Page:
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Latin fraternity hopes to build MU community

Sunday, September 16, 2012 | 5:57 p.m. CDT
Members of the newly colonized Latin fraternity Lambda Theta Phi were revealed to the MU community while performing their national and individual salutes for fellow fraternity brothers at the Plaza 900 Amphitheater on Saturday. Members of the MU chapter of Lambda Theta Phi were welcomed to campus during their ceremony by members from National Pan-Hellenic Council minority fraternities and sororities.

COLUMBIA — Nine men dressed uniformly held each other for support as they marched into the Plaza 900 Amphitheater and introduced their brotherhood to the MU community on Saturday. 

The nine members performed the first ever MU salute show for their group, Lambda Theta Phi Latin Fraternity Inc., a prospective MU fraternity chapter.

The salute show was the first event done by the individuals as members of the national fraternity on the first day of Hispanic Heritage Month. It served as the official introduction of the cultural and social service fraternity to the MU community.

A salute show is a tradition that was created by the members of Lambda Theta Phi. The first chapter was established at Kean College, now Kean University, in New Jersey in 1975, when it became the first nationally recognized Latin fraternity in the country.

Illinois sector vice president for the fraternity, Joe Palencia, said that a salute show is unique from traditional Greek strolling or stepping in that it has strong military influences.

"It’s poetry in motion," Palencia said. "You're expressing your respect and love for the organization and also a specific person, chapter or colony. It’s an intense tradition. You’re doing it as one."

Currently, Lambda Theta Phi holds colony status on MU's campus and is in the process of working this year to obtain chapter status and join one of MU's Greek councils.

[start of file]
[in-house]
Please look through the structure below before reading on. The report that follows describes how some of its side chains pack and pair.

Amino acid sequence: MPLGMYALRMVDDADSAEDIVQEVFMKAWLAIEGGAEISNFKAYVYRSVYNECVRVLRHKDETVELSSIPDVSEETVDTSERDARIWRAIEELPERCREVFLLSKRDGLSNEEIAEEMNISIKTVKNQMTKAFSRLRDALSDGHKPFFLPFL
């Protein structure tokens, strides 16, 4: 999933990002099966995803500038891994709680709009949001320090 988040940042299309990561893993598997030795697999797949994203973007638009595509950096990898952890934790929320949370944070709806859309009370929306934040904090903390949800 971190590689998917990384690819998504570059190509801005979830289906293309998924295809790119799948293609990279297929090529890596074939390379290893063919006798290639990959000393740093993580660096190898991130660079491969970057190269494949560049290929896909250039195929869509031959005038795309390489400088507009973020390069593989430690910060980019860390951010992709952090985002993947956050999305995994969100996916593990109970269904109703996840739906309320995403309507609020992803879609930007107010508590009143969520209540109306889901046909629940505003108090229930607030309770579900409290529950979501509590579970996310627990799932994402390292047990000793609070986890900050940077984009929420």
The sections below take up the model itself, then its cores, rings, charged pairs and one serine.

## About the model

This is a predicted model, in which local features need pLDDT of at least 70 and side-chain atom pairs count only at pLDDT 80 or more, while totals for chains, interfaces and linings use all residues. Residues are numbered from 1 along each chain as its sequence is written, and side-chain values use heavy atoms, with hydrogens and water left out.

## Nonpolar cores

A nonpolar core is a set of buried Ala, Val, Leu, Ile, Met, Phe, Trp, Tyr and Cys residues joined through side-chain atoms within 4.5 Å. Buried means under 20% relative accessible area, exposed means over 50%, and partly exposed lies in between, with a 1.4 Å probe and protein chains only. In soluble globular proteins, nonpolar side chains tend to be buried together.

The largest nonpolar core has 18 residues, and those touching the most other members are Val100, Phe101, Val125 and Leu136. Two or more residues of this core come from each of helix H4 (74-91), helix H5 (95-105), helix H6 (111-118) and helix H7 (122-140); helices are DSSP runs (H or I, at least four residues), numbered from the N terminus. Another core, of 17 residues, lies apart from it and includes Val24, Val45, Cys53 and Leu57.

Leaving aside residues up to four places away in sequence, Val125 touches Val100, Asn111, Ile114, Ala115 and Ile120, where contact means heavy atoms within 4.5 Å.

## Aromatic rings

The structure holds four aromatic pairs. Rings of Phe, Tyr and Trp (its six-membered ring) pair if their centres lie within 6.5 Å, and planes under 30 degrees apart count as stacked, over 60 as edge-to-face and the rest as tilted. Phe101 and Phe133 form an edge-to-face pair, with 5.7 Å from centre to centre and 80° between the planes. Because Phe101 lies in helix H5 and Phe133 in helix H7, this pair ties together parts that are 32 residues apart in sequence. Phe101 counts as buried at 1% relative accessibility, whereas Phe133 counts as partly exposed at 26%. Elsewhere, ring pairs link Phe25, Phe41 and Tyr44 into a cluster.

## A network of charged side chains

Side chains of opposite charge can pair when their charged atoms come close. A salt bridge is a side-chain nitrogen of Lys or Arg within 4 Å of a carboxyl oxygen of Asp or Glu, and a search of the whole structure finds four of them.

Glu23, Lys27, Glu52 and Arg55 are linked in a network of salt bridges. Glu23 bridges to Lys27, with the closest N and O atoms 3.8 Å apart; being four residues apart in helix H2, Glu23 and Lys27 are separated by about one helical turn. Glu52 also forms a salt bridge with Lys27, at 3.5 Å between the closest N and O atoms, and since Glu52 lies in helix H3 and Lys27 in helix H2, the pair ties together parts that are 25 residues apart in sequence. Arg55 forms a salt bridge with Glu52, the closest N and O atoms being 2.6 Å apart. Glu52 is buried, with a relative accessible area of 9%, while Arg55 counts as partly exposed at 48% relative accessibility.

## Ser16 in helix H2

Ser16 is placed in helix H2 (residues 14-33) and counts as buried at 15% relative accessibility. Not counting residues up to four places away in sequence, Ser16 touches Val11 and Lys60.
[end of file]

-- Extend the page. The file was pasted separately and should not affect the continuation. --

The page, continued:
Nick Ramos, MU's colony president of Lambda Theta Phi, said that with no current multicultural Greek council on campus, he is contacting the Interfraternity Council about requirements and the possibility of Lambda Theta Phi joining the council.

Ramos said there will be many challenges ahead as they work to recruit new members, gain chapter status and join a council on campus, but he does not feel deterred.

"We’re still going to try to become a chapter," Ramos said. "Just because we don’t have a council yet doesn’t mean we’re not going to do anything. We strive on being chivalrous, giving back to the community and being the best we can. Not having a council is a roadblock, but it’s not going to stop us; it’s just a bump in the road."

Ramos said that the idea of starting an MU Latin Fraternity on campus came about when he and MU colony vice president of Lambda Theta Phi, Juan Boyd, talked to members of the University of Missouri-Kansas City chapter of Lambda Theta Phi.

Soon afterward they became intrigued and passionate about the fraternity’s values, and they formed an interest group organization on campus in November 2011. It became a recognized colony of the fraternity's national organization in April this year.

On Saturday morning, Lambda Theta Phi volunteered at the Food Bank for Central and Northeast Missouri as part of the service aspect of the fraternity. The men helped package 5,000 pounds of hot dogs that will help feed families.

With MU joining the SEC, Palencia said he hopes that the increase in visitors from out of state will help MU expand its diversity recruitment efforts.

“We’re a Latino-based organization but we’re not Latino exclusive," Palencia said. "We’re hoping to really unite and work with other people and have that culture of working together and respecting each other. In unity there is strength."

Supervising editor is Elizabeth Brixey.


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